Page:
It’s January 31st.
It’s the last day of Italy. It’s the last day of my journey. It’s the last day of my attempt to build a life on another continent, to learn another language, to make a new world for myself. It’s the last day for me to walk casually past the gigantic monuments, the overwhelming Vatican, the Cloverfield Monster also known as the Pantheon, and the giant symbolic masterpiece of the Colosseum. It’s the last day for me to eat non-processed cheese, indulge into gelato and chocolate, and drink a real cappuccino. It’s the last day for me to LIVE in Italy. Tomorrow I board a flight back to America. Back to American sized coffee, convenience corner CVS, and where people follow traffic signals.
It’s time to pack my bags. It’s time to choose the things I need and the things that can be left in Italy. Hairdryer with European plug? Leave it. Videocamera? Bring it home. Towel? Leave it. Excess shampoo and conditioner? Leave it. New leather boots? Bring them. Heart?
What do I do with my heart?
I need my heart to thrive in order to show all the kindness and caring that I have within me. But I fear that I will truly leave my heart here—in this place where I have found love in the cracks of the cobblestone and in the bubbles of my cappuccino. In this place where I have found love in the train rides to distant cities, the simplicity of walking around each one of those cities, and the nooks and crannies that I have found in each of those cities. In this place where I have found love, have given love, and have received love. In this place that I truly did leave my heart two years ago. In this place that I have fallen in love with all over again.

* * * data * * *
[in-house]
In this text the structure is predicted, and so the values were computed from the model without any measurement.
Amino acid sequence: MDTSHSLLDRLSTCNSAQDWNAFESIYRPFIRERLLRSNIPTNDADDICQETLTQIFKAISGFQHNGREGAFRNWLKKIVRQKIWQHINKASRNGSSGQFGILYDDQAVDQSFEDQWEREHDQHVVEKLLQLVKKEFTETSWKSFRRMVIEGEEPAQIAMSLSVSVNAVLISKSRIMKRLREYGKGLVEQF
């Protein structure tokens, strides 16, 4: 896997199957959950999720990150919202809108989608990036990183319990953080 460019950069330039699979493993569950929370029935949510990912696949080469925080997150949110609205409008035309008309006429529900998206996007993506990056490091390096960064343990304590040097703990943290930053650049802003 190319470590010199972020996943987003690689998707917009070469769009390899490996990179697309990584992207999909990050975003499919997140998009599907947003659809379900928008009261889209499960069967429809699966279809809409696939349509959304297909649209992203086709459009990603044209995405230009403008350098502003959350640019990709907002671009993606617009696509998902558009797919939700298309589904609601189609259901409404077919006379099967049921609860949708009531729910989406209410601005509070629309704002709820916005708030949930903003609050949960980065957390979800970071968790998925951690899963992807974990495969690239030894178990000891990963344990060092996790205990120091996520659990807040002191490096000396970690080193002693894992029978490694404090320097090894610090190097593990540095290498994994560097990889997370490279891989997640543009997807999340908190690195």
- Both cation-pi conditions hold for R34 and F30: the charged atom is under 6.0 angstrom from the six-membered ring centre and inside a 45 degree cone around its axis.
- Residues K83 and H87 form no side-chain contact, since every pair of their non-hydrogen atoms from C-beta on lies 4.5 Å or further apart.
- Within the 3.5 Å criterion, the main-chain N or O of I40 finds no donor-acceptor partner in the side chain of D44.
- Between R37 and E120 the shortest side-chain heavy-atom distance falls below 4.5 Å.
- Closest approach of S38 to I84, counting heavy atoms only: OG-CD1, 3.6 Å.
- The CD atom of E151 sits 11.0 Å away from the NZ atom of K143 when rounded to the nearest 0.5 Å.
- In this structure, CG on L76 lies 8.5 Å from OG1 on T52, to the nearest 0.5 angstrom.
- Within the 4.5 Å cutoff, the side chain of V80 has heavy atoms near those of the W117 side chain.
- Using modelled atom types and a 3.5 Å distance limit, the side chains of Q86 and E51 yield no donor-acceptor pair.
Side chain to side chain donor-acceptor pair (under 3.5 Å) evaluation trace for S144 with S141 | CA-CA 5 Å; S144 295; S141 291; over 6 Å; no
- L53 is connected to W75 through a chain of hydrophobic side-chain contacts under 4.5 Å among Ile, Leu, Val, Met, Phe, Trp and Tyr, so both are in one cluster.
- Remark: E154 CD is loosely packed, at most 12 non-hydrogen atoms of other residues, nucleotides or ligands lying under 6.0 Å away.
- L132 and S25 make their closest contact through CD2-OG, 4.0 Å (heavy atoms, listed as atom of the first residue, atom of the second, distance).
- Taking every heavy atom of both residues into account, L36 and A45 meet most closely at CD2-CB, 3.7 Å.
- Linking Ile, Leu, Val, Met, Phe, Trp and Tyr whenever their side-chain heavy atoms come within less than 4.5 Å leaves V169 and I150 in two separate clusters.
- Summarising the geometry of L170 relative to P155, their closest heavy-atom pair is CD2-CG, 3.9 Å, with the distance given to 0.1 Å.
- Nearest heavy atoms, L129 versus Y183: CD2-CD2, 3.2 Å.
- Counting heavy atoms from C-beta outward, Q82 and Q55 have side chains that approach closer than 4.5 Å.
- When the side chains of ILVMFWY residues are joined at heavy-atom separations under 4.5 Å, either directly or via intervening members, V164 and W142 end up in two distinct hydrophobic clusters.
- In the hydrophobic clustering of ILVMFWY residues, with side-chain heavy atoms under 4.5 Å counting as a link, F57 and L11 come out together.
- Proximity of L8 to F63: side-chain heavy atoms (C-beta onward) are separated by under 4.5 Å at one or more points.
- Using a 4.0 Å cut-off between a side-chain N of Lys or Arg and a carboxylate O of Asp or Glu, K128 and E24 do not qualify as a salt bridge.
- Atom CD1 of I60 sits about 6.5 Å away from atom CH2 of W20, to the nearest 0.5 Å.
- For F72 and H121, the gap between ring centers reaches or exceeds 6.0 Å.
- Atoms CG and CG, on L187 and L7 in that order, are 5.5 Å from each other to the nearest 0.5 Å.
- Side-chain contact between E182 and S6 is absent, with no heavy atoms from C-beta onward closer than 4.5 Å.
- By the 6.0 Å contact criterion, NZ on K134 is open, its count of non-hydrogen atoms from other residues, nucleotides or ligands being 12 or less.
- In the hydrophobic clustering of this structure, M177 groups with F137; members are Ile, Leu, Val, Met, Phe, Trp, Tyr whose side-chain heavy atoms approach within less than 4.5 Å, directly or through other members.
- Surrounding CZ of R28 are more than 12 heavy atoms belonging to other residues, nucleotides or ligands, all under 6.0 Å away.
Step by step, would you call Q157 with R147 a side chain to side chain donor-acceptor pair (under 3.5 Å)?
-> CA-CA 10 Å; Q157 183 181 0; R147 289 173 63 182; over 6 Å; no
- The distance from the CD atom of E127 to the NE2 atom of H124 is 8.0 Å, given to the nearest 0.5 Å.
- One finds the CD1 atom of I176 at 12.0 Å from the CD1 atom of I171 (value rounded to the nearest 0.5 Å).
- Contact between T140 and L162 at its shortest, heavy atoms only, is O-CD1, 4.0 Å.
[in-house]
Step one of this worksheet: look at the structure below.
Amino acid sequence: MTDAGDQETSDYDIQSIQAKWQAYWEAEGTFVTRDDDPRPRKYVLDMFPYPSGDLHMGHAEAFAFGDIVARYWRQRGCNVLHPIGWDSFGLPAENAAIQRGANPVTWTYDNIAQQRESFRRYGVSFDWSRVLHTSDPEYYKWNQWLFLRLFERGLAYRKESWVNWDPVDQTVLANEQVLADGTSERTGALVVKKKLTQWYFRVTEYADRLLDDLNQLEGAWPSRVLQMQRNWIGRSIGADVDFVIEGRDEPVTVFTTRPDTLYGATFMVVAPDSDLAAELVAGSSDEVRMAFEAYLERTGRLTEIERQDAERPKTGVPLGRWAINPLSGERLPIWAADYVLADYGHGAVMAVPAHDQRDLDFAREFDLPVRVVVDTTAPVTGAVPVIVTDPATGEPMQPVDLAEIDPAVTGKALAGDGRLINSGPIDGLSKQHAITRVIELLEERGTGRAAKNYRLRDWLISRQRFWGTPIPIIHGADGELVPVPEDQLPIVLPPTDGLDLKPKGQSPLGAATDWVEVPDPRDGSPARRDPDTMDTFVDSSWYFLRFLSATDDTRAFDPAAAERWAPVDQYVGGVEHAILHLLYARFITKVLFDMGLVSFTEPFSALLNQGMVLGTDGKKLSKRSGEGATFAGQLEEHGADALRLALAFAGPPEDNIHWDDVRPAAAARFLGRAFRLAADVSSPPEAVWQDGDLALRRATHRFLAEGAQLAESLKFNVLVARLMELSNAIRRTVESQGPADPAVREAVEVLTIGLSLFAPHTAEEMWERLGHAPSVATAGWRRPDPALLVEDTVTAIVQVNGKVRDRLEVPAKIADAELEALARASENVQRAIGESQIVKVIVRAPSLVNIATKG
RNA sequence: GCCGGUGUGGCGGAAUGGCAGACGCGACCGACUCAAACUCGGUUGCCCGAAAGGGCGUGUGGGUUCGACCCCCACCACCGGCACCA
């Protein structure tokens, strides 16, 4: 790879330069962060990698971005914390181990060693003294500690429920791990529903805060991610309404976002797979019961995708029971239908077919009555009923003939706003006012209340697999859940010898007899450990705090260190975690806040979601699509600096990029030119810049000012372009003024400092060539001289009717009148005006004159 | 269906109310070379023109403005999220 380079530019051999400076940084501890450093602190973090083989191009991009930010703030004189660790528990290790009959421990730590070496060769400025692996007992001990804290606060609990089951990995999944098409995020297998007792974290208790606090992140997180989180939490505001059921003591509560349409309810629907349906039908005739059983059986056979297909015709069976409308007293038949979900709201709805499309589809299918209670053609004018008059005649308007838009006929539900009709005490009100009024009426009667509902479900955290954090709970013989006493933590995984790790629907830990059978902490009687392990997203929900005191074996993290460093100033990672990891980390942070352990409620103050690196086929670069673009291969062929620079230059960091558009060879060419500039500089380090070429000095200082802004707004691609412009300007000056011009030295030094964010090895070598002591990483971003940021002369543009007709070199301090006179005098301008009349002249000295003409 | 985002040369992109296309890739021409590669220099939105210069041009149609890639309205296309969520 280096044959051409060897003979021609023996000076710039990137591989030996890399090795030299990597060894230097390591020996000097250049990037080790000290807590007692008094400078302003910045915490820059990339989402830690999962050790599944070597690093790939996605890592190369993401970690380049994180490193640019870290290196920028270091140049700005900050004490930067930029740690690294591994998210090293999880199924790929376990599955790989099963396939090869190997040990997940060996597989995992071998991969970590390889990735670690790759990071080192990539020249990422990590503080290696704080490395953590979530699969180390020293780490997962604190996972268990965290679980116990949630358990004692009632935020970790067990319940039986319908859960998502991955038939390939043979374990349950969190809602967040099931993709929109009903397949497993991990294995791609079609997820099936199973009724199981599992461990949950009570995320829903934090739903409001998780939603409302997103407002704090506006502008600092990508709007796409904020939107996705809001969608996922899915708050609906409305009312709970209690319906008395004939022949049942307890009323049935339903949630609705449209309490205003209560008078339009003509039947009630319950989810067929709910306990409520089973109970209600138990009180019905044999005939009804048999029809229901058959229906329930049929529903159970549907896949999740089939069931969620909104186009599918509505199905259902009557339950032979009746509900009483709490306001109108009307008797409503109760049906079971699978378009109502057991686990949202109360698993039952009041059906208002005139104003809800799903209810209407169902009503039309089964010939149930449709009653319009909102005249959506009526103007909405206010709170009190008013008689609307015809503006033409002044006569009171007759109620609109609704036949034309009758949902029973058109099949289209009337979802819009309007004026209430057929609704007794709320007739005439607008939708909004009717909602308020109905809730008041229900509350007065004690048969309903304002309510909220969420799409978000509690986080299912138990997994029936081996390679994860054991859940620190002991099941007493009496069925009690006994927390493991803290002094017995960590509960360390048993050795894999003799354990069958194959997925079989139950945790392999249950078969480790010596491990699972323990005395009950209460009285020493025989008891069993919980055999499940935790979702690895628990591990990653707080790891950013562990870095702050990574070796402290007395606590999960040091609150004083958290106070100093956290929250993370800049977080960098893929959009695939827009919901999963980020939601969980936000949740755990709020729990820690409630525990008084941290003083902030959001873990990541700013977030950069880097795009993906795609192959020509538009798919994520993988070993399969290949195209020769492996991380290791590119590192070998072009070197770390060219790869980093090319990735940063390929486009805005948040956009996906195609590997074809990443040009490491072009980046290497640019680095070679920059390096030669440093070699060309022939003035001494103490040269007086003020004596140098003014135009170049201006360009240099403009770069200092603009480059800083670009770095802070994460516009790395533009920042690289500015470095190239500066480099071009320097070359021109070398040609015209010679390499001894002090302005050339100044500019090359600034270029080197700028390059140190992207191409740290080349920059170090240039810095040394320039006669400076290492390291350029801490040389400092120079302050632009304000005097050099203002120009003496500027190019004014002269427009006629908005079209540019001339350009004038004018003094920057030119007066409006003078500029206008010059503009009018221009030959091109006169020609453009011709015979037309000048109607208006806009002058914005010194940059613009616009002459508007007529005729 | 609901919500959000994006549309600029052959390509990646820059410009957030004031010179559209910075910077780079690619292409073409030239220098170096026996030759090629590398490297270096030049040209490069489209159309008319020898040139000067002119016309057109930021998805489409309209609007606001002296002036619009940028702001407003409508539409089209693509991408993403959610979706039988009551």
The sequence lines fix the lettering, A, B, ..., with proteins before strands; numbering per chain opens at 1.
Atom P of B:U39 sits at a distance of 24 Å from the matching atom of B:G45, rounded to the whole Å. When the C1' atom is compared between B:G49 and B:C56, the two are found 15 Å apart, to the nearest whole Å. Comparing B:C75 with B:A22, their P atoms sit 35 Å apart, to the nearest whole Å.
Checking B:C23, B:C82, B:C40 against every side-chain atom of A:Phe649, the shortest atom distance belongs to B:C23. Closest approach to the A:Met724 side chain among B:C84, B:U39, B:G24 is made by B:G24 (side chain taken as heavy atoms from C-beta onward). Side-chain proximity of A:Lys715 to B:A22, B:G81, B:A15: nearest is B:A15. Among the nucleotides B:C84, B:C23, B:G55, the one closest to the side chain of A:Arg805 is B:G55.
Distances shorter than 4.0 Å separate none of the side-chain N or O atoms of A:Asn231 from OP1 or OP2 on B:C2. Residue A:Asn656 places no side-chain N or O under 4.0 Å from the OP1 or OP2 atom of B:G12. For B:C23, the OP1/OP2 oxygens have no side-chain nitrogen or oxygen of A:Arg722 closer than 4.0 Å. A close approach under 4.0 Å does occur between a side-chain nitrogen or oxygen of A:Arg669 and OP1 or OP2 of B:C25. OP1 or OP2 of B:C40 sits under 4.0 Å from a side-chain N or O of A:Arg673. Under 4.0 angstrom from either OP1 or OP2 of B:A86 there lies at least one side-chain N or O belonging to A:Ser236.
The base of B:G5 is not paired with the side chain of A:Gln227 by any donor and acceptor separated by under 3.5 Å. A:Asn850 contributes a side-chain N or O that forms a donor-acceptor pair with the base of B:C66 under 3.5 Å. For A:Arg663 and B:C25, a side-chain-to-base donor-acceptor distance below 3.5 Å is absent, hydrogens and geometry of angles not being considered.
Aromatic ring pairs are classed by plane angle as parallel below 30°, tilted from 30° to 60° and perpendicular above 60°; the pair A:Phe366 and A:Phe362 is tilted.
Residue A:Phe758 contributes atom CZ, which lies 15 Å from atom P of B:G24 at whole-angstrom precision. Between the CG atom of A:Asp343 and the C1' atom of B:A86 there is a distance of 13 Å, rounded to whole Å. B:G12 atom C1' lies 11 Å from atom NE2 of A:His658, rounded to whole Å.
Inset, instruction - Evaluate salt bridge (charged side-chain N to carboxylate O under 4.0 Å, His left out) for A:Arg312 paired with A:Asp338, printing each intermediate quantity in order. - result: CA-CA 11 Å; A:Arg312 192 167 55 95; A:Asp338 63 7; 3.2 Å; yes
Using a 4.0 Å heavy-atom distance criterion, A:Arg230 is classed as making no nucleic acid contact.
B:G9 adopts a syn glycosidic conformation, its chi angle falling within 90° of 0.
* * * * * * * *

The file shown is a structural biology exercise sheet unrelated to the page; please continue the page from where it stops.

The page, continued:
It would be much easier if your heart was something that you took, rolled in the sleeves of your favorite sweater, and placed perfectly in the center of your luggage so as not to damage it during the turbulence of the ten hour plane ride home. It would be so much easier if your heart were just something you needed to pack and bring with you wherever you went—like your toothbrush, your soap, your shampoo, your underwear. But your heart is much different than all these things. Your heart isn’t practical. It’s both breakable—and—irreplaceable.
Footprints? Leave them. Memories? Take them. Heart.
What do I do with my heart?
I wish I could string half my heart to a necklace and put it around Italy’s neck, while I wear the other half around mine. Then one day I could return, and reconnect the pieces. But the problem with that is, of course, that until I returned I’d be broken hearted—and I am not looking to live that way—nor am I looking to live heartless.
So this time I am not going home empty-hearted. I’m not going home with a longing for a place that I’ve already seen, lived, and breathed. I am not going home with tears in my eyes, and endless wishes.
This time I am going home with an even bigger heart full of love for adventure, for spontaneity, for the chance to return. This time I am going home with a big heart filled with a big sort of love for Italy, one I knew of before, but confused with longing and lust. This time I am going home knowing I went back…knowing I found the other half of my heart beneath the cobble stone, the bubbles of cappuccino, and the ruins of the biggest monuments. This time I am going home knowing I haven’t left a piece of it behind. This time I am going home with Rome in my heart…not leaving my heart with Rome…this time I have my heart in my hands and a lot of love between my fingers. This time I’m taking my heart with me.